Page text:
Engel Sound Experiment

Rhythm guitar
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Space Charger
SE amps
Bass 5670 preamp
ECH83 preamp
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Shmitt Wha
Bone Tender
Transwap booster
Electroacoustic machines
Menorat Menorot

Stereo guitar

April-June 2011
A project that allowed me to get rid of the bass player. This is a guitar with stereo output that sends guitar and bass signals to separate amplifiers. I think this thing is one of my greatest projects - not because it's odd or complicated or innovative, but simply because this thing really works.


  • Preface
  • Repairing the source guitar
  • New electronics
  • Sounds
  • Ground loops


    The whole thing started with a heavy downtuned project I've planned with my friends from Rabies Caste. Me and Dave were switching guitar and bass not sure who plays what, my 4-string Jazz bass and Les Paul couldn't get any lower than drop-C tuning (I'm also playing in standard in other bands) etc. Even after playing in drop-C I wasn't impressed with the whole band sound - it was very familiar, nothing special.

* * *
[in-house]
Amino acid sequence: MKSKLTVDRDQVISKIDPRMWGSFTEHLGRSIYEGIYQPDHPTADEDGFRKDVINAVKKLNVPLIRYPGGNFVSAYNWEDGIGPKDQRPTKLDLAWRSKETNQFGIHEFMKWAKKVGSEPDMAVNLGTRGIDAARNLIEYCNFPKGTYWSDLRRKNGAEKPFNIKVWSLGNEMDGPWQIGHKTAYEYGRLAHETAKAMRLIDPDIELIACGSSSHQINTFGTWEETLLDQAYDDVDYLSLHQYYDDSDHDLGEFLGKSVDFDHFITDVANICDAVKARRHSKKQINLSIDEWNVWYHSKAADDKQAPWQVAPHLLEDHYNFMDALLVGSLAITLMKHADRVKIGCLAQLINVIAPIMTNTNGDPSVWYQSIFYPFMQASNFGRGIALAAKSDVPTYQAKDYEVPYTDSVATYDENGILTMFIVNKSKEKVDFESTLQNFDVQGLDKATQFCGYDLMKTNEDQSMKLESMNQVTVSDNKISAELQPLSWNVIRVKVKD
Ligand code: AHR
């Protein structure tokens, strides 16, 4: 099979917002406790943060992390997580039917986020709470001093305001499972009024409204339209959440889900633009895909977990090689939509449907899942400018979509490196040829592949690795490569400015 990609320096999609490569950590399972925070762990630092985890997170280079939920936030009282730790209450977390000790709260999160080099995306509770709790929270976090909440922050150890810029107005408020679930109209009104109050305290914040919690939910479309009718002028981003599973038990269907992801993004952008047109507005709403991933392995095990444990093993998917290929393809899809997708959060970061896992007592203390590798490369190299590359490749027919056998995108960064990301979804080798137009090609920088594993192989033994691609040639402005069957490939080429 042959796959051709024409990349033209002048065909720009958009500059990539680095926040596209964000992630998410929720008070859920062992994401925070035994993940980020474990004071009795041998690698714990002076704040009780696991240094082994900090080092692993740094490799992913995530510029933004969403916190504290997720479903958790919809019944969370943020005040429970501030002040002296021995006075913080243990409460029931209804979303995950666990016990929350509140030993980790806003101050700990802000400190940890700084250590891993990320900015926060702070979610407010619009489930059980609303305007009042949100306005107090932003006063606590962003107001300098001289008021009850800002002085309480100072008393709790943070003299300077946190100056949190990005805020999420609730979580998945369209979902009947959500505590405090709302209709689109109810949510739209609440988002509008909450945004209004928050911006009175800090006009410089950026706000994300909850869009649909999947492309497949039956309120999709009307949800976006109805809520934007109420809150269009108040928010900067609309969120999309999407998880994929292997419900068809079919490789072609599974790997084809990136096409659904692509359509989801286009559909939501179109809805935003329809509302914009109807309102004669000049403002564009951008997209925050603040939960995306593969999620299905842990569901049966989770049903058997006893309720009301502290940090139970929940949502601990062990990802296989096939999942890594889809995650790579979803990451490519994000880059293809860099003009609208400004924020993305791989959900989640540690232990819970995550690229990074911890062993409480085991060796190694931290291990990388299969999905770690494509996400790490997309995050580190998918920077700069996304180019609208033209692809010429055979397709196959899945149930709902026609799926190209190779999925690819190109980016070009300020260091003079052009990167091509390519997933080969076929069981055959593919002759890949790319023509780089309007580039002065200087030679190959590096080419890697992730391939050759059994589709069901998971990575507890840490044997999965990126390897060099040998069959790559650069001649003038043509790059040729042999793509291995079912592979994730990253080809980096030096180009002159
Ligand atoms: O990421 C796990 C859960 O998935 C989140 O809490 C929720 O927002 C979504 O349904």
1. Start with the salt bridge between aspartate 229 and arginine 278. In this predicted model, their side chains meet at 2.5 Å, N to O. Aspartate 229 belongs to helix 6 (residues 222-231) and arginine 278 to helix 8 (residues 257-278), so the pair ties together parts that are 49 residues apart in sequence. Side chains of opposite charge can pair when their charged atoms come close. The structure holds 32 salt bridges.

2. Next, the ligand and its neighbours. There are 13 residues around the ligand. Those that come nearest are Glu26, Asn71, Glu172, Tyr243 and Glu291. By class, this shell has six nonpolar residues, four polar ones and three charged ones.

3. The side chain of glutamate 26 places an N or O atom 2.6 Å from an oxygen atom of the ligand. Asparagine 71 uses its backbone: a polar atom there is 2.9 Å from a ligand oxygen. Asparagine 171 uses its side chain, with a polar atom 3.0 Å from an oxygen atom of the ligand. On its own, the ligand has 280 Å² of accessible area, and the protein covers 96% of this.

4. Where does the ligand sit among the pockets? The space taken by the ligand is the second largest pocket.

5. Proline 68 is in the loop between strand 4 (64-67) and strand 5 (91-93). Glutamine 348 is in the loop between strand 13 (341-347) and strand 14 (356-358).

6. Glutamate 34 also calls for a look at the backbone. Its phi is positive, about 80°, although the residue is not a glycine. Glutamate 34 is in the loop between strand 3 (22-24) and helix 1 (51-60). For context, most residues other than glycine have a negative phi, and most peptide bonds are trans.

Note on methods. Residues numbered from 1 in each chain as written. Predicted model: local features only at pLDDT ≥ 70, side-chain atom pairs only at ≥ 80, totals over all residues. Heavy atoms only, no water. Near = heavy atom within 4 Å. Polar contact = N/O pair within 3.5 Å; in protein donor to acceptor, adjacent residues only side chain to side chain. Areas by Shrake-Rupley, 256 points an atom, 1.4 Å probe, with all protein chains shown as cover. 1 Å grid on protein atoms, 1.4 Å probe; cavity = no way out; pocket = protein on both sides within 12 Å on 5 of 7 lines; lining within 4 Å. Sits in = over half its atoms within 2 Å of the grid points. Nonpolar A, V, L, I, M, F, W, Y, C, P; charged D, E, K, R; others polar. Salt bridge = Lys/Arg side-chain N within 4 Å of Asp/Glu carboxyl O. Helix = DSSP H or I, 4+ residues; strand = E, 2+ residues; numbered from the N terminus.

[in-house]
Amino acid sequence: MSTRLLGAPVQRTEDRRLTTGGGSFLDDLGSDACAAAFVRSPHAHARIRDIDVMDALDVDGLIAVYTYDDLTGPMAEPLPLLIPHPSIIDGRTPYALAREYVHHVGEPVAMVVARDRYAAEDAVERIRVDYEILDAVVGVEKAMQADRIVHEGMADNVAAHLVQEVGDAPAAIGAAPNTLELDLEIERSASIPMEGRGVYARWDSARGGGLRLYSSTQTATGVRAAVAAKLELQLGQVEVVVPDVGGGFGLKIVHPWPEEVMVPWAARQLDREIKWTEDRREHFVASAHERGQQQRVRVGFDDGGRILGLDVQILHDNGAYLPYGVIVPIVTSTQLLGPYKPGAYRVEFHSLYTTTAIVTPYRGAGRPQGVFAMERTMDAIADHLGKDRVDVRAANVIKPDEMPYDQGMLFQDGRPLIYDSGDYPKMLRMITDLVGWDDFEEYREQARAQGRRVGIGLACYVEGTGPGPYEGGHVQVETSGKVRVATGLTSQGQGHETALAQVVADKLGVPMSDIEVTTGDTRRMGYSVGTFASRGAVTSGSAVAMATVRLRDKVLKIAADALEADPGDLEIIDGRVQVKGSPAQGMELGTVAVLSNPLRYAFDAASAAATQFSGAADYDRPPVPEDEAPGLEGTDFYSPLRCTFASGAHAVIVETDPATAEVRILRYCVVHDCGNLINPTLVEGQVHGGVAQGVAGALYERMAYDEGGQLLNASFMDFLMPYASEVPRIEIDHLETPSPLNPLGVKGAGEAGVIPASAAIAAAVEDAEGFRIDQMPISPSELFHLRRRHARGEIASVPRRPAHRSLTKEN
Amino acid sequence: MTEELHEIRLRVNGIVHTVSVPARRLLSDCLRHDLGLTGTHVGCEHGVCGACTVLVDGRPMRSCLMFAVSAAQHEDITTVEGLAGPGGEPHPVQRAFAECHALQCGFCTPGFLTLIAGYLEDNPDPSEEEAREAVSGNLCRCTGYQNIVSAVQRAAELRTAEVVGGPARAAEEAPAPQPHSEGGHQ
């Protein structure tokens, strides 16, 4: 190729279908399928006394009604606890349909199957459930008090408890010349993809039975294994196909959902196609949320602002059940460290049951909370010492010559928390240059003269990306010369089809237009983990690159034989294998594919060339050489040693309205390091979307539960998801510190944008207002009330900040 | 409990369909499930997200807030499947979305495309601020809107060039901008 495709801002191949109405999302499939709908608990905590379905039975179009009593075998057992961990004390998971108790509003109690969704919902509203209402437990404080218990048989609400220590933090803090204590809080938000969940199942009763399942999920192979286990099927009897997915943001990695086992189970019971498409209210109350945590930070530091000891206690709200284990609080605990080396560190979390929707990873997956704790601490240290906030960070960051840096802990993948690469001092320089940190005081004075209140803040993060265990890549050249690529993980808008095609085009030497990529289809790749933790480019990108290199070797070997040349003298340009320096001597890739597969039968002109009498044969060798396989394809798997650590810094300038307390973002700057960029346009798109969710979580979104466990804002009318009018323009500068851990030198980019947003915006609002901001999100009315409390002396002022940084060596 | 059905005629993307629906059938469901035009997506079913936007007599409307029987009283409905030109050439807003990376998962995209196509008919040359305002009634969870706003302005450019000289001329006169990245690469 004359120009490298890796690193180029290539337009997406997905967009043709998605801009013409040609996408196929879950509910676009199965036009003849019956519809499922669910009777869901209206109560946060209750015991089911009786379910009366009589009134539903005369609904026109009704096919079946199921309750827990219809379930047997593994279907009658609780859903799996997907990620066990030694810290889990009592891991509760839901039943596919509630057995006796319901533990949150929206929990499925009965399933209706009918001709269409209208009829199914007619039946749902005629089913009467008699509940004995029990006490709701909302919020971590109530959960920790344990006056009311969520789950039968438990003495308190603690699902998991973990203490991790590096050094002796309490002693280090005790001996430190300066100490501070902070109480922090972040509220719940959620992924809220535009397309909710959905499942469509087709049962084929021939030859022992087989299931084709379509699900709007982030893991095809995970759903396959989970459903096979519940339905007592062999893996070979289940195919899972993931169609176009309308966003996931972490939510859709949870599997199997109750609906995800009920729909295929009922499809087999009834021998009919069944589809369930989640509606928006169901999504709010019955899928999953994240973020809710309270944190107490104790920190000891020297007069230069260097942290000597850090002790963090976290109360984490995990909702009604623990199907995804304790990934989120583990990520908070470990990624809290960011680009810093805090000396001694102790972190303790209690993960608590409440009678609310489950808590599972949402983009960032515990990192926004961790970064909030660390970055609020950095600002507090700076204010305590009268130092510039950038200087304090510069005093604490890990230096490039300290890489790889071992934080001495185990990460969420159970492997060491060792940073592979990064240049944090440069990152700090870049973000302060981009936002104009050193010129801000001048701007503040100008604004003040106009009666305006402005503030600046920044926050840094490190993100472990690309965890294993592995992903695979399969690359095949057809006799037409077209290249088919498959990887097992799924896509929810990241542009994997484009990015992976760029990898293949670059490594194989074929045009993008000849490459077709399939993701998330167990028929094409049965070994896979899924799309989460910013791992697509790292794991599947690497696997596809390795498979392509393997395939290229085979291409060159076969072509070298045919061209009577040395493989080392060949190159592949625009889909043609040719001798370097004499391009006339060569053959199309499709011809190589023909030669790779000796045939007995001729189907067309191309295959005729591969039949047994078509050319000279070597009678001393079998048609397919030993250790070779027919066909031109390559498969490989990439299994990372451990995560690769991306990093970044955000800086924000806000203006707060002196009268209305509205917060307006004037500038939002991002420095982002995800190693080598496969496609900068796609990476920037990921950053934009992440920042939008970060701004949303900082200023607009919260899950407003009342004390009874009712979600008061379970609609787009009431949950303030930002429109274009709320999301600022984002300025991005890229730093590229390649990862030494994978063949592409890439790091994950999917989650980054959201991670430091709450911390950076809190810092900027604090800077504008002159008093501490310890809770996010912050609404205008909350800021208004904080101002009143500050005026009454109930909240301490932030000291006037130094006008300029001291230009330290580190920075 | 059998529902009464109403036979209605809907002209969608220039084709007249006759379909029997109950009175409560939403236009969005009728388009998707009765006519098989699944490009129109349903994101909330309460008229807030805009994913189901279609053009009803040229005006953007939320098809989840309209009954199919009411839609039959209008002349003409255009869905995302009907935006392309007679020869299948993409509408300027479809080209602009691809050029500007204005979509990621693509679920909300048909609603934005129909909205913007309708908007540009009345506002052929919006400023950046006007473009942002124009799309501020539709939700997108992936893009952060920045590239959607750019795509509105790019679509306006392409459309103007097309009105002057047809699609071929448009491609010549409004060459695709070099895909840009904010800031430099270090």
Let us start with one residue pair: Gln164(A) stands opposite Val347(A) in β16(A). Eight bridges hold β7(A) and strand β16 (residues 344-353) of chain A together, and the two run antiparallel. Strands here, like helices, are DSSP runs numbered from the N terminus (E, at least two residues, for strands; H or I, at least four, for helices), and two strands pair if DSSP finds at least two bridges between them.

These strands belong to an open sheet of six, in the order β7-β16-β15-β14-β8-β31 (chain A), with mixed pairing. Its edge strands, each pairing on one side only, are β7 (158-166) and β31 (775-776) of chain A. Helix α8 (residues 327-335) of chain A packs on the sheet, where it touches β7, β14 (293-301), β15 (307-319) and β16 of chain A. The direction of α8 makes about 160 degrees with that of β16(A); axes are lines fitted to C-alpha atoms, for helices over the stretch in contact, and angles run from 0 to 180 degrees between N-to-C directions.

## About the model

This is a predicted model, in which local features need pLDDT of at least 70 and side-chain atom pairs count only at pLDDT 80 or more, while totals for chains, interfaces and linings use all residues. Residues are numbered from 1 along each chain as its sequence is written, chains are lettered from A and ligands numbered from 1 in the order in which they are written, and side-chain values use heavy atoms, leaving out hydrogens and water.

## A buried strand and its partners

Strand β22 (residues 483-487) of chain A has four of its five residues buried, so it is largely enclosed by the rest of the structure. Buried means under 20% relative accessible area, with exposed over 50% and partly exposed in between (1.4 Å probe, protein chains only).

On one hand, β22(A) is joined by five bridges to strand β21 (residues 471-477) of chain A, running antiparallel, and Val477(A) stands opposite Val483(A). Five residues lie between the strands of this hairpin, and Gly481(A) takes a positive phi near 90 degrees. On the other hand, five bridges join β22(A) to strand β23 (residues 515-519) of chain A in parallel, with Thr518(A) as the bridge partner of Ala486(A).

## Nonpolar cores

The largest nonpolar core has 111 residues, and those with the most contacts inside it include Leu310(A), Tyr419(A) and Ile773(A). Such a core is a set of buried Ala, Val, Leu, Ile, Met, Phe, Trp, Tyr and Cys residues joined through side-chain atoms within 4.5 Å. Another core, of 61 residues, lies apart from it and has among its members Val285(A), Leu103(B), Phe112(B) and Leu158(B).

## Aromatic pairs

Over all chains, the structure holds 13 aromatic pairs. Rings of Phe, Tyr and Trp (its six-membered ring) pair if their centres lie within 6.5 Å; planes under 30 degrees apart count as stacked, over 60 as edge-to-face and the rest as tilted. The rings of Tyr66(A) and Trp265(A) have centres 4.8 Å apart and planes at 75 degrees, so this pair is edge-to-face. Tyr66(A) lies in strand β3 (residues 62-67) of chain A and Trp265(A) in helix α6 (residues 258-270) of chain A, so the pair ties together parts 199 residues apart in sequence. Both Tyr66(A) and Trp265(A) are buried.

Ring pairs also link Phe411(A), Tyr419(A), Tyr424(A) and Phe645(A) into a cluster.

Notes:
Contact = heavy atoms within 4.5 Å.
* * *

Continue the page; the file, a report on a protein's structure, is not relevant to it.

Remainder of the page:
So one day I realized the following: in heavy riff-oriented music bass usually plays the root of the chord. If I can find a device that extracts the root from everything I play on guitar, I may create a virtual bassist. Well, there seem to be way too many of those devices on the market - all the guitar synths with midi pickups etc. Of course, making your guitar sound like a cheap digital synth is very original and creative, but there's a little thing called "latency" which destroys all the fun. Converting guitar signal and changing its pitch, especially at low frequencies, results in a terrible delay. The lower the note the bigger the delay, and even the best converters are always behind the original note. So this direction was not even considered.

    Then, I've found about hexaphonic pickup. Each string is picked by a separate mini-pickup and you have six outputs, one for each string. That sounded good, so I've thought I can make a switch to send, say, only the lowest string into octaver, and the whole pickup (plus the lowest string) into a guitar amp. After I've found out about the prices of those pickups ($250 and up), I was a bit disappointed.

    The next stage was to make an actual experiment with what I've got and see if it works. First, I simply took my guitar and sent it into two amplifiers, one via distortion and another via octaver. As simple as it was, that was nice. I could not play chords (the octaver would fart out), but single note runs with octaver sounded almost like a bass player joined me. What I needed was a pickup for the low string only.